Friday, October 31, 2014

The Case of the Vanishing Bats

The Case of the Vanishing Brown Bats
By Sandra Markle
48 pages; ages 9-12
Millbrook Press, 2014

If you're looking for a perfect Halloween mystery, this book's for you. You see, little brown bats were once among the most common kinds of bats in North America. But by 2013, their population had dropped so low that scientists wondered whether they should be listed as endangered species. 

[perfect spot for spooky musical interlude]

This story begins in 2007, when a team of scientists from the NY State Dept. of Environmental Conservation goes to a cave near Albany. Their job: to count hibernating bats. What they found were lots of dead bats, some with fuzzy white noses. The following year they found even more dead bats.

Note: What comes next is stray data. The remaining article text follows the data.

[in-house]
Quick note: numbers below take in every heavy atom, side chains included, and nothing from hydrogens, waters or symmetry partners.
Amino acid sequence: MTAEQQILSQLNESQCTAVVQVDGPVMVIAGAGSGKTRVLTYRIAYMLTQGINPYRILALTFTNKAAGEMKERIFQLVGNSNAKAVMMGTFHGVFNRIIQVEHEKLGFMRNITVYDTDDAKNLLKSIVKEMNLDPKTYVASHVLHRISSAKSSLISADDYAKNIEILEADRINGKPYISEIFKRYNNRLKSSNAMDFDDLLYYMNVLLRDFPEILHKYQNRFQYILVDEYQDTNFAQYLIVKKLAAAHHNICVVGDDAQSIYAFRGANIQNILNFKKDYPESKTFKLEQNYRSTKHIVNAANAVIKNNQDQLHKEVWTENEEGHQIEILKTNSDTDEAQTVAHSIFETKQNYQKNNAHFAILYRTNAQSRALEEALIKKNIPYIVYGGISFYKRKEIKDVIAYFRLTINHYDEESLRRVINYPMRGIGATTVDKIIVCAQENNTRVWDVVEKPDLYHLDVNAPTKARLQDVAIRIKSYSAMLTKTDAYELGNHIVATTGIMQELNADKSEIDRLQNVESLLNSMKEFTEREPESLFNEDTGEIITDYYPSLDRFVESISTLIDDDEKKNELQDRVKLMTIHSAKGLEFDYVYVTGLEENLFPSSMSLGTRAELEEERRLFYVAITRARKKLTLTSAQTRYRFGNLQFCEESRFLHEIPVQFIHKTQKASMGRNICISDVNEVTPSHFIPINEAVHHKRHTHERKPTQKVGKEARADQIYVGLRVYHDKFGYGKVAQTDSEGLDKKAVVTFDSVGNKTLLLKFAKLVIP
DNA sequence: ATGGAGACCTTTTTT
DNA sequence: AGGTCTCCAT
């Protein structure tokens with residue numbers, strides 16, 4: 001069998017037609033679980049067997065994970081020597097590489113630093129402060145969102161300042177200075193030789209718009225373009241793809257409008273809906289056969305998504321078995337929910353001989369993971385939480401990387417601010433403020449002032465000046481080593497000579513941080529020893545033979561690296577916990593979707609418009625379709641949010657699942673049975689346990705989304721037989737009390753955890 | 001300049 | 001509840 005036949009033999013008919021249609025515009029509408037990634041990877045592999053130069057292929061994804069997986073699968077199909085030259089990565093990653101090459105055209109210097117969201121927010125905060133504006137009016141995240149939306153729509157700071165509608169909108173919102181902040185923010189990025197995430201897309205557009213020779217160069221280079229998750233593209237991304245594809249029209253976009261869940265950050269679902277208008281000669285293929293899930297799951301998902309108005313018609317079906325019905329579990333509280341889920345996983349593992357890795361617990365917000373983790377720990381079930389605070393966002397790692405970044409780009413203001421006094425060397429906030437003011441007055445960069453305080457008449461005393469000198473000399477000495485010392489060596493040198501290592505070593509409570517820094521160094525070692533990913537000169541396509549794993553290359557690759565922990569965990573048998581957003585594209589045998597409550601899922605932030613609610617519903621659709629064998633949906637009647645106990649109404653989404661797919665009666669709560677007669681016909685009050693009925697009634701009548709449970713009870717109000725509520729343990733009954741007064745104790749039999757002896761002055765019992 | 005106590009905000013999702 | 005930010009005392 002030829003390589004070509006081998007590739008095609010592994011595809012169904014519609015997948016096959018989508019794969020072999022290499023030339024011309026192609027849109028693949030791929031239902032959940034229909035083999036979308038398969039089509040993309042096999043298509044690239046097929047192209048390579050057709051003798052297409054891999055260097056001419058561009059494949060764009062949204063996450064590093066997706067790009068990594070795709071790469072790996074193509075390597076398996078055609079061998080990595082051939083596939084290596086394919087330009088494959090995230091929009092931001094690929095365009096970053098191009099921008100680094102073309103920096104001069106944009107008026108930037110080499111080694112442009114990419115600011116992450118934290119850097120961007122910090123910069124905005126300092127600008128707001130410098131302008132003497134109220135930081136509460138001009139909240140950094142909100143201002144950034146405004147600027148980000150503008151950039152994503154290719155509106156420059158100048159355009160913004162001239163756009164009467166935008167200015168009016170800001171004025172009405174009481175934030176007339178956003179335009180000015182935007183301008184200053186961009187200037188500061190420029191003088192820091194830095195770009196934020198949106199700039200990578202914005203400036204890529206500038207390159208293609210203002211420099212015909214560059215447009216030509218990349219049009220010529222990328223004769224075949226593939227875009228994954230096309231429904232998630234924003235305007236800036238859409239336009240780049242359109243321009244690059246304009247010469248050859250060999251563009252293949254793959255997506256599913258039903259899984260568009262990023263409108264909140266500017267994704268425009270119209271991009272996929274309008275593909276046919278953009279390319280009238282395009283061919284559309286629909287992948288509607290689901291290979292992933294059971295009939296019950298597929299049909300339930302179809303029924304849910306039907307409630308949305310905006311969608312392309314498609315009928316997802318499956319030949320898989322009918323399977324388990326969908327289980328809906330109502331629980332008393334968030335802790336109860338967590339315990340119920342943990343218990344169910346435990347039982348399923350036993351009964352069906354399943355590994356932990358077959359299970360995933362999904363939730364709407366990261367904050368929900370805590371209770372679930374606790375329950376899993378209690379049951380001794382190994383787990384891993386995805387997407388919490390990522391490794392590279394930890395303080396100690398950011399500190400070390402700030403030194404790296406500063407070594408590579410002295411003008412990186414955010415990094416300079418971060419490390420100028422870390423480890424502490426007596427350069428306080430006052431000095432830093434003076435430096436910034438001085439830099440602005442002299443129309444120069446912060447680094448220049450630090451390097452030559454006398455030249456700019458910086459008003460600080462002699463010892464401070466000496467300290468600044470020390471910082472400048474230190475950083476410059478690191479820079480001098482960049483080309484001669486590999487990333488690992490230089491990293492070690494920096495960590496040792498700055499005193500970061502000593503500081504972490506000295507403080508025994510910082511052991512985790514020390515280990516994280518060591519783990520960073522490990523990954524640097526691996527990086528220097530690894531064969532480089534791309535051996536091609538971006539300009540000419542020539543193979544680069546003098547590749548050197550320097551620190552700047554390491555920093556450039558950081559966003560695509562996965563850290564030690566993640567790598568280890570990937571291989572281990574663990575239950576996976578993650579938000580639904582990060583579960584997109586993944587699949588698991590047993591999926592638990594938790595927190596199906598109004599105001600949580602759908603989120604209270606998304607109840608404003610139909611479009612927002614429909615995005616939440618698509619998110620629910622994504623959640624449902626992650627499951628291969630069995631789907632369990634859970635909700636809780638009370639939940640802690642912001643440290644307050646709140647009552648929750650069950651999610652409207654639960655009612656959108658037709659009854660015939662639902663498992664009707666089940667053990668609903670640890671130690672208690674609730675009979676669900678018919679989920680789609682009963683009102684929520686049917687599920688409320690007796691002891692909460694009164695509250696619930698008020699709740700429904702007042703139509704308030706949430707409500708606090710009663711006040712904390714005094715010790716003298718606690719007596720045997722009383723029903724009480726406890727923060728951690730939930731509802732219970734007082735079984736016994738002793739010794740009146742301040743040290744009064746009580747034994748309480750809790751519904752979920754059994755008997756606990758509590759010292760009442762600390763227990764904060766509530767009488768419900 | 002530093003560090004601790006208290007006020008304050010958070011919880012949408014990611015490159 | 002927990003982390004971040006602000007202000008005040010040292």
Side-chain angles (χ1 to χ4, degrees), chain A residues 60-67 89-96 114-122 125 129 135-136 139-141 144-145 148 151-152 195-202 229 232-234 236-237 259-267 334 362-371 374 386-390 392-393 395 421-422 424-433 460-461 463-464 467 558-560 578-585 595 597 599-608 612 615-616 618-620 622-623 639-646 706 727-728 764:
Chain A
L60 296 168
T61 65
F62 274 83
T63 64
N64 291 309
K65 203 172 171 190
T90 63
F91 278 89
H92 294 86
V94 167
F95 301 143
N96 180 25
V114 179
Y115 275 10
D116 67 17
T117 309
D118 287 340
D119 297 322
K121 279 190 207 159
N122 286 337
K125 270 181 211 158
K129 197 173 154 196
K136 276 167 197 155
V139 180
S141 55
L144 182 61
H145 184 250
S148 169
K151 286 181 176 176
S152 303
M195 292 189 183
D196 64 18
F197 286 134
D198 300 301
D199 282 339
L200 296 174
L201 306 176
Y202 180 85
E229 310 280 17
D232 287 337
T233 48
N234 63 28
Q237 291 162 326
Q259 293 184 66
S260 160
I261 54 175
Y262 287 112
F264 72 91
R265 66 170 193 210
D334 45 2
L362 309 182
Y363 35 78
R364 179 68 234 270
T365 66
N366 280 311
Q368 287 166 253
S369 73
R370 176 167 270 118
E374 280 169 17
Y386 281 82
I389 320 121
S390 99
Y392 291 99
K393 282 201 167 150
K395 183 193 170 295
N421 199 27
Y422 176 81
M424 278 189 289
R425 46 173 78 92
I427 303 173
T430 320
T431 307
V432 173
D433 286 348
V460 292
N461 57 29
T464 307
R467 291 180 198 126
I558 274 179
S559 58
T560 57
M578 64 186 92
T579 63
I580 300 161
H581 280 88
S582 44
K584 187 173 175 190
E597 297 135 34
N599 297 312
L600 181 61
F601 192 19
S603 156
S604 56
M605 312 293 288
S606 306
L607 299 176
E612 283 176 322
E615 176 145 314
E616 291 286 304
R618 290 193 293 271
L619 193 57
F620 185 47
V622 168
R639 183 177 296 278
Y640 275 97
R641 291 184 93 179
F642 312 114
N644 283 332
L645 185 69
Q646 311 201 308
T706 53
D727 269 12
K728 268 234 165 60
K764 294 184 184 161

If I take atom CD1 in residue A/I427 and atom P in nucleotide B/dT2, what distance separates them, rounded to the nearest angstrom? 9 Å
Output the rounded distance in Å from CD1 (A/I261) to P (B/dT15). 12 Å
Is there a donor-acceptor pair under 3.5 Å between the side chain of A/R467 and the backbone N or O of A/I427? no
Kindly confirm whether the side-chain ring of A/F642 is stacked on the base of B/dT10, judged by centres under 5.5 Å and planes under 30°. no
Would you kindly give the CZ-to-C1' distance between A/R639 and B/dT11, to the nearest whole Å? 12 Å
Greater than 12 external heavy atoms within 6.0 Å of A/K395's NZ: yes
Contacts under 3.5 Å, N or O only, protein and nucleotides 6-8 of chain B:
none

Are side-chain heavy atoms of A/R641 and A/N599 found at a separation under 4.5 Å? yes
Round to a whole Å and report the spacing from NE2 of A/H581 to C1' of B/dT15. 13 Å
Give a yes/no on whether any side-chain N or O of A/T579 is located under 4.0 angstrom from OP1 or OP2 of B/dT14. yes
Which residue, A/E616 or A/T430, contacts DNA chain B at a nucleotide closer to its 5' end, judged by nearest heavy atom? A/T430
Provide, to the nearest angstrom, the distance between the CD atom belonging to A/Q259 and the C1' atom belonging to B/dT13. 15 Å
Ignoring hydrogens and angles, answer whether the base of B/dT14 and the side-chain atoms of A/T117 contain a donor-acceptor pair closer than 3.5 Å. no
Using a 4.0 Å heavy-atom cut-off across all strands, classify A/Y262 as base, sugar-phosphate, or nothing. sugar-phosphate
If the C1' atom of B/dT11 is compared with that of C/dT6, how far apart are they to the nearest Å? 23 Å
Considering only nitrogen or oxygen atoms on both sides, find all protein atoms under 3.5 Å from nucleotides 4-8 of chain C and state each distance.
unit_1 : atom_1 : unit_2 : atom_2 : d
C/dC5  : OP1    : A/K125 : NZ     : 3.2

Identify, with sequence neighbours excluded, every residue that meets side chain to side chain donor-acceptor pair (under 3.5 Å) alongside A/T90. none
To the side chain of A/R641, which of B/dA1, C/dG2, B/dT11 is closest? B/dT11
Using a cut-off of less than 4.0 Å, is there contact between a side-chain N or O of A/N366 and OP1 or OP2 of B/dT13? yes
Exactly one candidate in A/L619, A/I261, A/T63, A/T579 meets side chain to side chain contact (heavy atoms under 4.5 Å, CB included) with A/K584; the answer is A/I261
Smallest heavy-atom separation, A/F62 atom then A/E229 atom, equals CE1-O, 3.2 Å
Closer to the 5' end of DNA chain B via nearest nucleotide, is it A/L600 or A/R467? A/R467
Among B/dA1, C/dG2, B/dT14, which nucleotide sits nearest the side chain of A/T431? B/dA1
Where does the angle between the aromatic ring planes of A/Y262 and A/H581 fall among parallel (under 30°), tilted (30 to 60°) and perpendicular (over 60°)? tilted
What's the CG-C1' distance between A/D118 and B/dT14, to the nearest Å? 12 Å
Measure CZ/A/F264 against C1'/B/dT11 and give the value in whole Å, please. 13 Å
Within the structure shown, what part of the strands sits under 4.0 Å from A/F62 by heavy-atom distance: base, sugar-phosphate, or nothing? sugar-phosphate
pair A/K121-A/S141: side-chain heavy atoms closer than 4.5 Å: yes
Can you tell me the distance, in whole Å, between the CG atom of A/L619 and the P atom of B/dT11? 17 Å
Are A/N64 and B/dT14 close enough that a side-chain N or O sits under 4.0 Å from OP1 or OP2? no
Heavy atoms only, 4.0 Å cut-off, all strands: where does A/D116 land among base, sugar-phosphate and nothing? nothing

What was killing the bats? Was it climate change? Pesticides? A virus?

In her book, Sandra Markle follows a team of scientists working on the bat-killer mystery. She follows them into caves and into their labs. The scientists determine that the killer is a fungus – but they still have more questions: what will happen to the populations of other animals that depend on the bats? Some animals rely on bats for their suppers, and farmers rely in bats to control crop-munching insects in the ecosystem.

Markle provides amazing bat facts and lists ways people can help their local bats. She’s also got a long list of books and other resources for folks who want to explore bats more deeply.

Today is Halloween. It's also STEM Friday! Head over to the STEM Friday blog to see what other people are reviewing. On Monday we'll join the roundup over at the Nonfiction Monday blog where you'll find even more book reviews. Review copy provided by publisher